Palestine Investment Bank Case



Osen LLC (together with co-counsel) represents more than 20 families who were victims of terrorist attacks committed by Palestinian terrorist organizations, including HamasPalestinian Islamic Jihad (PIJ)Popular Front for the Liberation of Palestine (PFLP), and Al Aqsa Martyrs Brigades (AAMB).


The Amended Complaint in Spetner v. Palestine Investment Bank alleges that Palestine Investment Bank (“PIB”), a Palestinian bank headquartered in Ramallah, knowingly aided and abetted the Government of Iraq from 2001 through 2003 (led at the time by Saddam Hussein) in providing reward payments to the families of Palestinian terrorists who died in the course of terrorist attacks that killed and injured hundreds of civilians, including American citizens.


The payments, made by the Iraqi proxy group known as the Arab Liberation Front (“ALF”), began at the substantial sum of $10,000 per suicide attack, but soon increased to $15,000 and eventually $25,000 per suicide attack. These large payments—which were particularly substantial considering the per capita income of families living in the Palestinian Territories—were meant to incentivize the most brutal terror attacks. As the White House noted at the time, “[t]he rules for rewarding suicide/homicide bombers are strict and insist that only someone who blows himself up with a belt of explosives gets the full payment.”


The Amended Complaint alleges that PIB was aware of its central role in providing millions of dollars to Hamas, PIJ, PFLP and AAMB by maintaining U.S. dollar-denominated accounts for the ALF and its leader, Rakad Salem. The Amended Complaint further alleges that with PIB’s assistance, Saddam Hussein’s regime and the ALF established a program to richly reward the families of Palestinian suicide bombers and suicide shooters.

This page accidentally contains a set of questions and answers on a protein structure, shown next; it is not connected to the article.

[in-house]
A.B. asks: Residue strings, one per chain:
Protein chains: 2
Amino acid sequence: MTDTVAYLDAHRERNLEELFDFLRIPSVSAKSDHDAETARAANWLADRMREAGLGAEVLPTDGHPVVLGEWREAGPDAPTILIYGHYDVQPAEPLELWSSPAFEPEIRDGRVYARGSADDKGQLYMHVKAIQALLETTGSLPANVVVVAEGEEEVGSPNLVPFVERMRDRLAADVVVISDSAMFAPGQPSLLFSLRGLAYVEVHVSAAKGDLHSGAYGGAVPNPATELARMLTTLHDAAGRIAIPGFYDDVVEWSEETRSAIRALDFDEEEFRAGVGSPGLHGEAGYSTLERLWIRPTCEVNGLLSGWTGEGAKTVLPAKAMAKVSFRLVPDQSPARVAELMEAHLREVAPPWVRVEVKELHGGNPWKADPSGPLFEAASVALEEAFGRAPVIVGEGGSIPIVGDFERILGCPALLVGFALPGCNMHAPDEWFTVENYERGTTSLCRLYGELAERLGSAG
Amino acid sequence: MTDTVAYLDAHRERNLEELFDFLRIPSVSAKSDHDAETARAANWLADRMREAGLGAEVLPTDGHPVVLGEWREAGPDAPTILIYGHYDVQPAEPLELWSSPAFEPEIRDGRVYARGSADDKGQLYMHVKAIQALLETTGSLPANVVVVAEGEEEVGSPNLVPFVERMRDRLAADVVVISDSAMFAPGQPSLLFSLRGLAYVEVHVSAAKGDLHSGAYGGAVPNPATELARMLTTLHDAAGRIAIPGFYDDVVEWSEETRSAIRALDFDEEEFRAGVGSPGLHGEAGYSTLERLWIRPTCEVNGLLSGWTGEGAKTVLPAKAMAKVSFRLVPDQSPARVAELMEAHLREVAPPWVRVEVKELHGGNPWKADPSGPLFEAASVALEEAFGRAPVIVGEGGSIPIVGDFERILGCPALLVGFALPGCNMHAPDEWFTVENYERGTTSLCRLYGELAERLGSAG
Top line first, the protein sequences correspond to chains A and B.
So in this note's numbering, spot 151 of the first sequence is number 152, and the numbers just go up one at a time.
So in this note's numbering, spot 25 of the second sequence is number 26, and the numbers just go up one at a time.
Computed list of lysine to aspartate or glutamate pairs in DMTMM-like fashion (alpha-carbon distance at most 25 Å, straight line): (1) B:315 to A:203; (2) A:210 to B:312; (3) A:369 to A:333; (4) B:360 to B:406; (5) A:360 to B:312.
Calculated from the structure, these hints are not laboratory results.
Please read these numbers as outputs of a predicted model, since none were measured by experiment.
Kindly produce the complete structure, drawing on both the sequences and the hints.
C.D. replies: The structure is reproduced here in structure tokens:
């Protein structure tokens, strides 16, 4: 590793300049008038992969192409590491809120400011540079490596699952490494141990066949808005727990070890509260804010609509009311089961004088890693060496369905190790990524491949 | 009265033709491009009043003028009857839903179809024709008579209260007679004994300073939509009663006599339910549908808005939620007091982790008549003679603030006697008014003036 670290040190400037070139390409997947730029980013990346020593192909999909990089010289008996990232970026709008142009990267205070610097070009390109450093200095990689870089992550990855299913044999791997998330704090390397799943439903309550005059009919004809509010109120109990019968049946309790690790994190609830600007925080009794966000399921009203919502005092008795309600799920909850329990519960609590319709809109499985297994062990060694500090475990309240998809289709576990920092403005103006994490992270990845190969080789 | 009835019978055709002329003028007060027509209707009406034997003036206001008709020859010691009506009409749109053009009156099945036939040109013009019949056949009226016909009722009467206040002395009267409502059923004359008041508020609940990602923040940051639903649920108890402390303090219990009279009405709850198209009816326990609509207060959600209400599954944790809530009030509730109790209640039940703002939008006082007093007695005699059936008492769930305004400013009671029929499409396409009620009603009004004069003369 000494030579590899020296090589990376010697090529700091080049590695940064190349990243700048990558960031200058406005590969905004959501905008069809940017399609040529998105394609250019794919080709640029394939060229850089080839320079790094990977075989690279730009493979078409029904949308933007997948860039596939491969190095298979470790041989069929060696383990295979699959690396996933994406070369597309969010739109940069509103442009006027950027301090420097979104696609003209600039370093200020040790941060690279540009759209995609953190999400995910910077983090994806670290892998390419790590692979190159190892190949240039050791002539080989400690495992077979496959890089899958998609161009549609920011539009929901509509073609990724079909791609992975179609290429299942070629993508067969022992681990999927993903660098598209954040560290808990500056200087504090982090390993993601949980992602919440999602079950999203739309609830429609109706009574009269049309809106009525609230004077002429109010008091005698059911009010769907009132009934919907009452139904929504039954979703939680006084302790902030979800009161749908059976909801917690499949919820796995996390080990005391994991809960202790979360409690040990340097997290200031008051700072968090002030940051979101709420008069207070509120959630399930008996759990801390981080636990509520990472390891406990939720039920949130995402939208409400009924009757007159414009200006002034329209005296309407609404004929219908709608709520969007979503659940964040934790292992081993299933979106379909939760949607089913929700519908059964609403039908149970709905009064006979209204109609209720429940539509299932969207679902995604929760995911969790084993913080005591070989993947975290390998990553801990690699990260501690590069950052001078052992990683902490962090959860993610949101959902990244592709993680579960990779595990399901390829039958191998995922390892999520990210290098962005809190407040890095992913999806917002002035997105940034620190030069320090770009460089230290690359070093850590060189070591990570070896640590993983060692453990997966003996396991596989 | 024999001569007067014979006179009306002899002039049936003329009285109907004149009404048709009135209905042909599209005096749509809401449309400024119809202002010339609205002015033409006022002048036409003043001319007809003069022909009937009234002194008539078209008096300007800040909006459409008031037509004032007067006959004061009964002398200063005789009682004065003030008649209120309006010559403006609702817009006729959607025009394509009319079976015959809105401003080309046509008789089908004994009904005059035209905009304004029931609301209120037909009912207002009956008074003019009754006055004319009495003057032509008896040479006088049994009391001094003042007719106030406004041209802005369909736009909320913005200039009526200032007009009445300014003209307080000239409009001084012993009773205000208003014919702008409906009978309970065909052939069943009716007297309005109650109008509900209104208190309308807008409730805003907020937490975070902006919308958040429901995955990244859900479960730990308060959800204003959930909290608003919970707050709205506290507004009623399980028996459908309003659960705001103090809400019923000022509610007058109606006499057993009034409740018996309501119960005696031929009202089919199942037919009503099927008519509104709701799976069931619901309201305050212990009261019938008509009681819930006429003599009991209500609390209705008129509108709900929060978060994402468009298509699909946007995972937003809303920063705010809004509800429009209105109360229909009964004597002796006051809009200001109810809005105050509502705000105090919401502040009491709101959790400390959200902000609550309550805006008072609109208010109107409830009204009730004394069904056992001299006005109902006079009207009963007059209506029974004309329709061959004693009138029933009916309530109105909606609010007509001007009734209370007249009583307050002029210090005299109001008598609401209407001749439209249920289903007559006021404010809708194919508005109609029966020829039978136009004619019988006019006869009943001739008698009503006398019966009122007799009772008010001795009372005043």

The Amended Complaint further alleges that PIB “understood the value and importance to designated FTOs, Saddam’s regime in Iraq and Palestinian terrorists and their families of the bank’s role in facilitating large transfers of U.S. dollars to the Palestinian Territories from Iraq and providing a mechanism to make those funds available to the families of deceased terrorists who committed acts of terrorism.” Amended Complaint, ¶ 642.


For example, the Amended Complaint alleges that PIB processed payments of $15,000 each to the families of Nabil Halabiya and Osama Bahar, two Hamas suicide bombers who blew themselves up in a pedestrian mall in Jerusalem as part of a coordinated double suicide bombing on December 1, 2001. Amended Complaint, ¶ 522.


The payments Hussein’s regime made were hardly secret. For example, one of the leading Palestinian daily newspapers, Al Hayat al-Jadida, reported on August 15, 2001, on the benefit increase to the families of suicide terrorists from $10,000 to $15,000. Amended Complaint, ¶ 501. Likewise, the Iraqi payments were widely covered in the American media. For example, on July 10, 2002, The New York Times reported that Iraq sent large cash payments to Palestinian suicide bombers. Amended Complaint, ¶ 517.


Spetner v. Palestine Investment Bank aims to hold PIB accountable for its alleged role in helping Saddam Hussein’s regime and the ALF incentivize suicide terrorism.


On October 16, 2020, the District Court granted PIB’s motion to dismiss the Amended Complaint on jurisdictional grounds, finding that personal jurisdiction was lacking because “PIB is not alleged to have transacted business in New York in person or through an agent.” (Decision at 40.)


On November 13, 2020, Plaintiffs filed a notice of appeal. Briefing on the appeal was complete on June 21, 2021. Plaintiffs argued in their brief that their “allegations—supported by PIB’s own admissions—show that PIB engaged in ‘purposeful availment of New York’s dependable and transparent banking system, the dollar as a stable and fungible currency, and the predictable jurisdictional and commercial law of New York and the United States.’ [citing Licci v. Lebanese Canadian Bank, SAL, 20 N.Y.3d 327, 339 (2012)]. Because Plaintiffs’ claims arise from the relevant transfers, the district court had personal jurisdiction over PIB.”


Oral argument was held before the Second Circuit Court of Appeals on February 25, 2022.